Friday Photo: Swimming With Sharks

If you look down anywhere off the 365 cays of the Exumas, you’re likely to find some kind of creature. The water is crystal clear, which means you can see every conch shell, starfish, stingray, turtle, lobster, fish… and shark.

It’s common to see nurse sharks gathering near the docks from Staniel Cay up to Compass Cay. They wait for scraps to fall off of yachts. Sometimes fishermen feed them. Restaurants will occasionally toss them their seafood leftovers. Some sharks would see people in the water and think “food” in a totally different way, but in the Bahamas, even the sharks are more relaxed.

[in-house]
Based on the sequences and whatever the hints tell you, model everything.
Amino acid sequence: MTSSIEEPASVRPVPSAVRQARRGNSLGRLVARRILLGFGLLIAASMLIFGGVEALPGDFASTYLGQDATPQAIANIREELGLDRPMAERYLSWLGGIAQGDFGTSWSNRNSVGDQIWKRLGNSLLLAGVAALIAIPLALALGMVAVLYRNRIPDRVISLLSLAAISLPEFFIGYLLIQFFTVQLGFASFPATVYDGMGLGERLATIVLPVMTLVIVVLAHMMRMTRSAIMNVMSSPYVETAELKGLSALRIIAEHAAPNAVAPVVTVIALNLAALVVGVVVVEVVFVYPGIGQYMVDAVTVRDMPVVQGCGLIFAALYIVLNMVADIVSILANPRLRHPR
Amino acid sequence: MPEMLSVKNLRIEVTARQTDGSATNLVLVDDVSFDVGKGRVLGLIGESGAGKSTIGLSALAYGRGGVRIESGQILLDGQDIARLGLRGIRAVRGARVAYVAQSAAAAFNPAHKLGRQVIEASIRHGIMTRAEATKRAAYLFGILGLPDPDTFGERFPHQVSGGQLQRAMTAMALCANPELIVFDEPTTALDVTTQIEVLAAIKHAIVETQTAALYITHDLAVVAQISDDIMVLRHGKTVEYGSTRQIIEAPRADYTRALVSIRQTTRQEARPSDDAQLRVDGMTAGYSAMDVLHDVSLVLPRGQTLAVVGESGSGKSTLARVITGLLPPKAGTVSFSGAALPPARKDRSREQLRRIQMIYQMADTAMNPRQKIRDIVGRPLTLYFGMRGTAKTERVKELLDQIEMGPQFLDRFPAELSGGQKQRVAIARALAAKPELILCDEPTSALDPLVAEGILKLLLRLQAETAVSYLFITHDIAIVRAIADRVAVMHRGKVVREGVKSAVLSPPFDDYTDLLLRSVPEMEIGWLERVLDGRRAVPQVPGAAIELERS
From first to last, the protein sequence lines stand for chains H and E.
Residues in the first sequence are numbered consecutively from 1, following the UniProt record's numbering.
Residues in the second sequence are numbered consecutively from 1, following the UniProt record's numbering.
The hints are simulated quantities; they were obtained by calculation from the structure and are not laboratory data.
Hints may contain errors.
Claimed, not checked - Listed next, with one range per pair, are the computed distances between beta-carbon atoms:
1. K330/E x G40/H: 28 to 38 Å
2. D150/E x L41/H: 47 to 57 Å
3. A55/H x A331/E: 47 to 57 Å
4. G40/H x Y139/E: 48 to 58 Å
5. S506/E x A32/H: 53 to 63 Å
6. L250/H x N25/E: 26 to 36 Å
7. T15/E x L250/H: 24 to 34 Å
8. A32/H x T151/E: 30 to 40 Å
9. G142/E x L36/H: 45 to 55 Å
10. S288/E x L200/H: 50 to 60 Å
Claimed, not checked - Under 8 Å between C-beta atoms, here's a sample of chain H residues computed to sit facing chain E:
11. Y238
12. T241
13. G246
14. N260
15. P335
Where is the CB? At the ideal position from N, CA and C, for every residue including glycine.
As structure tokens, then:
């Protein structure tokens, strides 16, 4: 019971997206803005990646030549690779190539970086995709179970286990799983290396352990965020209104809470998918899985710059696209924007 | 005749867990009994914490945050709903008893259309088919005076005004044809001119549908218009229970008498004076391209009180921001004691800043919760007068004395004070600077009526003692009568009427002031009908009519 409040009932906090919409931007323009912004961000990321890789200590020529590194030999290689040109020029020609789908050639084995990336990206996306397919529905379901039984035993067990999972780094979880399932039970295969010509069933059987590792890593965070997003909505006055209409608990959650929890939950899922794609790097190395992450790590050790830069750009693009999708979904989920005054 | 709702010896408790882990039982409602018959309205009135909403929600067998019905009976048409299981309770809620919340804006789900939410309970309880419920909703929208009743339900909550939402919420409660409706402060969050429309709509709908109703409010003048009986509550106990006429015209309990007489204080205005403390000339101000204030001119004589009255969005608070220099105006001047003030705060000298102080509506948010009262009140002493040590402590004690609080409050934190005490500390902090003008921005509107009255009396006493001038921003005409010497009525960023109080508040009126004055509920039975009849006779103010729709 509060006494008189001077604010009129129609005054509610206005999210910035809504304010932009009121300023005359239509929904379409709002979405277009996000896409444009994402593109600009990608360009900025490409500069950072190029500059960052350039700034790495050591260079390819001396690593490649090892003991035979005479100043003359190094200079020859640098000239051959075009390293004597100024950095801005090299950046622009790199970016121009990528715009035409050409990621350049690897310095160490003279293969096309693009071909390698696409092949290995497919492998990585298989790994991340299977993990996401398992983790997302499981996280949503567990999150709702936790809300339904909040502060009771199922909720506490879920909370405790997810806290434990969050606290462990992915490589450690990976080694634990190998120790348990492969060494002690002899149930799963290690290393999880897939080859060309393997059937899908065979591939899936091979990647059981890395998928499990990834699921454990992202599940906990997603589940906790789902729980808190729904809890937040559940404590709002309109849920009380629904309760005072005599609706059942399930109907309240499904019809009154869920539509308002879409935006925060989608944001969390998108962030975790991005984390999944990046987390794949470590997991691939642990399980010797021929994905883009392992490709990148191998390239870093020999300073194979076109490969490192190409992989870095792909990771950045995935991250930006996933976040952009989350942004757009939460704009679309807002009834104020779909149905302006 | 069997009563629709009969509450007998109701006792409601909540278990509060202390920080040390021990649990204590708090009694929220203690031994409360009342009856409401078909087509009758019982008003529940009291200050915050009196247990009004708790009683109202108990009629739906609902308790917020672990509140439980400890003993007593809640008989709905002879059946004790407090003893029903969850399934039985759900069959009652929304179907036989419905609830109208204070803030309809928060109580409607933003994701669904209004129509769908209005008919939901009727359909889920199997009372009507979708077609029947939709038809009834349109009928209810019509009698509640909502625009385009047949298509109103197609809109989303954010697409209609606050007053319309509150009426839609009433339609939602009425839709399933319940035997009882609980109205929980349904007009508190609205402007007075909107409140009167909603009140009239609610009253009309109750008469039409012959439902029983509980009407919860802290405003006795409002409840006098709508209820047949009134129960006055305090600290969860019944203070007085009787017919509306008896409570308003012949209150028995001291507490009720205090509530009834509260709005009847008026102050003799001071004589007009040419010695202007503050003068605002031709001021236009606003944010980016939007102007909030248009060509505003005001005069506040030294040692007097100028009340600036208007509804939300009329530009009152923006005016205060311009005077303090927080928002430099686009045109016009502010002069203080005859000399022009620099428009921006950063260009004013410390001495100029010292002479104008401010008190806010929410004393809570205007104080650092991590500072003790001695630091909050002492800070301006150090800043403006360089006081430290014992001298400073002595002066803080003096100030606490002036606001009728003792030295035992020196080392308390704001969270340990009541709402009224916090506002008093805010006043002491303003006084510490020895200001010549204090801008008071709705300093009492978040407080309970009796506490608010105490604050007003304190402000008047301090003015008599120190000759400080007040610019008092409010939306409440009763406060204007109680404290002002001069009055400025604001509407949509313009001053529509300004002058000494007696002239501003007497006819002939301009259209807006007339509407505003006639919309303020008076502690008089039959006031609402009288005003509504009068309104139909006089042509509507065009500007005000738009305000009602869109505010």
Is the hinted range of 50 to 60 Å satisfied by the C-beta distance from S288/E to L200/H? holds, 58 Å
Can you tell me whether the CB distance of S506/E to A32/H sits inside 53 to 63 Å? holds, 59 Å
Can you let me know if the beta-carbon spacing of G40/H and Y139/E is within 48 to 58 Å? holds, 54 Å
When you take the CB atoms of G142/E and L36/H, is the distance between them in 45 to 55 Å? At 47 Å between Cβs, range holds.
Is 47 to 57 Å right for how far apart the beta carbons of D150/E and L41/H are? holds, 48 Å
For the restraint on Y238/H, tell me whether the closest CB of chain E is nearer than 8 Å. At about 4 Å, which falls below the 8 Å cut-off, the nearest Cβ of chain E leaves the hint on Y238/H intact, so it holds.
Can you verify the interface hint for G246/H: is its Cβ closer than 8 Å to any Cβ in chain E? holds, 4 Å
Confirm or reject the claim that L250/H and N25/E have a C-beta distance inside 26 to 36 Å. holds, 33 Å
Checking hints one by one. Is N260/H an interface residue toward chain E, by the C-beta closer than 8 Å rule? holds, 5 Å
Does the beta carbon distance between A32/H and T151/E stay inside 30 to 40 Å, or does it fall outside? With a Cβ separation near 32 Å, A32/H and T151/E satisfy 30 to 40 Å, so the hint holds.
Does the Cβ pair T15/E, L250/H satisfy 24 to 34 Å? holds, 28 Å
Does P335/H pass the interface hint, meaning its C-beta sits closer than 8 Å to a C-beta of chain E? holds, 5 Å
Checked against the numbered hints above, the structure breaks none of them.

1. Competitive swimming became popular in the nineteenth century. The goal of competitive swimming is to constantly improve upon one’s time(s), or to beat the competitors in any given event. However, some professional swimmers who do not hold a national or world ranking are considered the best in regard to their technical skills. Typically, an athlete goes through a cycle of training in which the body is overloaded with work in the beginning and middle segments of the cycle, and then the workload is decreased in the final stage as the swimmer approaches the competition in which he or she is to compete in. This final stage is often referred to as “shave and taper”.

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